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Counterpoint

FYI, there were a total of 9 days last year on which I did not bike to work in Manhattan from Woodside. It keeps my neck flexible. Enjoy your road rage and cervical stenosis, friend.

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Anonymous

According to FDNY EMS the number 1 paramedics call in NYC is bike accidents, luckily you will be next.

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BikerBob

So. . . you have a point? Wait, actually you do. You think we need MORE bike lanes. More bike lanes, less accidents as a result of arrogant, stupid, and selfish fossil fuel burning idjits.

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Samuel

And according to police and city data, it’s the drivers who are doing the killing. 12 out of 14 bike riders were killed by a driver, some intentionally.

So this separation is very much needed and appreciated. And the more of these bike lanes there are, the more people will ride them, because suddenly, there’s much less of street where bikers are unprotected, and people feel safe!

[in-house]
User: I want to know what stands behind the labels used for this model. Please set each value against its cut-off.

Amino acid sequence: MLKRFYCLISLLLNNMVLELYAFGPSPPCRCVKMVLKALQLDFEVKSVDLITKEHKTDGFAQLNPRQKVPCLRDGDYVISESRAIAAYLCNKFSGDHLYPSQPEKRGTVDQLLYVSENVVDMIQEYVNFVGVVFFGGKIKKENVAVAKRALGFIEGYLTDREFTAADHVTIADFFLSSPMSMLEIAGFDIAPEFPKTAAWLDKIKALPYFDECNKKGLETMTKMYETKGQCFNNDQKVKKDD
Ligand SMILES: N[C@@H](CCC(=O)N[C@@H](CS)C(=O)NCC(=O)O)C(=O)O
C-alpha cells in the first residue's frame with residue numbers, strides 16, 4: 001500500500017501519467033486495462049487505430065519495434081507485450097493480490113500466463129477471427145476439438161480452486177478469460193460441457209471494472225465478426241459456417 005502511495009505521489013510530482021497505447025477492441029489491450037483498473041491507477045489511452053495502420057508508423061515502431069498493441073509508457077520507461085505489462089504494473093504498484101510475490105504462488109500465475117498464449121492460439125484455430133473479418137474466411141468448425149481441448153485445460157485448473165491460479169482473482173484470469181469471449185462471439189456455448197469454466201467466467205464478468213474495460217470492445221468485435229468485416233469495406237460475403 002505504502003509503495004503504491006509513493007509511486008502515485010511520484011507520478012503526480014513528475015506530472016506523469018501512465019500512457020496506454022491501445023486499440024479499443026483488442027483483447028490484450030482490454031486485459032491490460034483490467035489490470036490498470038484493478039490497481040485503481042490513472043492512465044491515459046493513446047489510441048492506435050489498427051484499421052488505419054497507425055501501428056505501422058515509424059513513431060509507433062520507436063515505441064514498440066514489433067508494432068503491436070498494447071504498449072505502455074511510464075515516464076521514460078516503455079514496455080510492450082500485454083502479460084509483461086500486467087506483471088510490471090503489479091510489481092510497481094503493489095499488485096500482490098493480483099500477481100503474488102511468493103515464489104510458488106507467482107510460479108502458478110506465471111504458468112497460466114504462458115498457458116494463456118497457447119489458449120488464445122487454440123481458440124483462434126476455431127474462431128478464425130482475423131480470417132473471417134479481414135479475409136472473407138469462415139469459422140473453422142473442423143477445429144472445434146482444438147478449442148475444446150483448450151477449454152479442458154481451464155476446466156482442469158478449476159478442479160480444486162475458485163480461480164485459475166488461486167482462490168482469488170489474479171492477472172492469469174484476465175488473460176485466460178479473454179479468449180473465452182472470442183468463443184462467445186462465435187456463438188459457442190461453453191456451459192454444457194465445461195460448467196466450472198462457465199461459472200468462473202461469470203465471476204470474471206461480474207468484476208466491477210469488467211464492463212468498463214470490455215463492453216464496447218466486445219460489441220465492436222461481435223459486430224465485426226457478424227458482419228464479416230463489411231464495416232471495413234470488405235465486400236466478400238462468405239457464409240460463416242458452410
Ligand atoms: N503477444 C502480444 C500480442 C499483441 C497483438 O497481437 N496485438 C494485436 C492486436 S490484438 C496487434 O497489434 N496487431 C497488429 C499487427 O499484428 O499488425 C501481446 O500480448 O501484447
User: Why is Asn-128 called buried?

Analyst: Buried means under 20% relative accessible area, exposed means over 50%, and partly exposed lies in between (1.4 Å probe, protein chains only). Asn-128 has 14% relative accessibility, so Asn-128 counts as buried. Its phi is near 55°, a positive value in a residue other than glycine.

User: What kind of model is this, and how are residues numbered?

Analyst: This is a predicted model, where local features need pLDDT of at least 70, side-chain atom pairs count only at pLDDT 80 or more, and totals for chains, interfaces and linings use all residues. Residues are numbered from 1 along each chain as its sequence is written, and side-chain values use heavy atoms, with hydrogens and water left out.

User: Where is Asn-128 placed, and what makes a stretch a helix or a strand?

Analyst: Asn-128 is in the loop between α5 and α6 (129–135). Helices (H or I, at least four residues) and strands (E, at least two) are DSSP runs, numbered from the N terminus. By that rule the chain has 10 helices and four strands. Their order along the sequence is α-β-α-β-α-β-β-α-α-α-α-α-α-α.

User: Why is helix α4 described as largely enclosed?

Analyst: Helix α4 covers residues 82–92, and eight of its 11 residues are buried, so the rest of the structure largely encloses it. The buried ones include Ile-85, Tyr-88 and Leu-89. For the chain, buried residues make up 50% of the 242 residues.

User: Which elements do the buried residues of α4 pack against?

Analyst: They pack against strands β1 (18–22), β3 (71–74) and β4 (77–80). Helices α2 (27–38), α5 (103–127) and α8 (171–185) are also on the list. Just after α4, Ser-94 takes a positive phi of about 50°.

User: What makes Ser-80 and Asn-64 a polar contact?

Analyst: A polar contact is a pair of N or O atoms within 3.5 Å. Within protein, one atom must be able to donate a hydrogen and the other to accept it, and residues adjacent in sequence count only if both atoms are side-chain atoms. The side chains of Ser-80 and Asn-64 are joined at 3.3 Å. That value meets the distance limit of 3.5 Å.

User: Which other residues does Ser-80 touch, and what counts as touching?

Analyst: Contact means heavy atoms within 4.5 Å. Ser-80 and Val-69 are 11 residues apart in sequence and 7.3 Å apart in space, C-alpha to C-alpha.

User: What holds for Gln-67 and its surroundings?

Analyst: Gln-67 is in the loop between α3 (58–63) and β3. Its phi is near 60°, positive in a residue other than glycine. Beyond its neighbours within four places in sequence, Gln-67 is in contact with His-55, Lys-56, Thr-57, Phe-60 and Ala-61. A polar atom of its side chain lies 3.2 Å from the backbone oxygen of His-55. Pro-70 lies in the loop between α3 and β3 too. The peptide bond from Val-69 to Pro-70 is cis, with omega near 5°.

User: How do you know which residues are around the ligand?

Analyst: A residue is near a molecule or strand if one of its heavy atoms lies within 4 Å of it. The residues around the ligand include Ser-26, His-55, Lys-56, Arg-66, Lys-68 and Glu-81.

As for everything else, let the anecdote match the analysis.

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me

They will ruin rest of the queens blvd, at least it was moving past where the bile lanes ended, now it will be just like how it is in woodside, traffic, frustration and aggression. This is not benefiting anyone. Terrible design, terrible idea, we barely see any bikes on those lanes, not to mention that gray “pedestrian” area taking up near a lane of traffic. We need more road, not less.

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SuperWittySmitty

I use those bike lanes all the time, and I ride my bike year round, unless there’s snow on the ground. It sure beats walking and I prefer it over the 7 train. You should try it.

We need MORE room for bikes and pedestrians; we’ve been giving away way too much space to cars for 100 years now and the things are changing. You might think that repeating the same tired arguments over and over is relevant but it’s over, Johnny.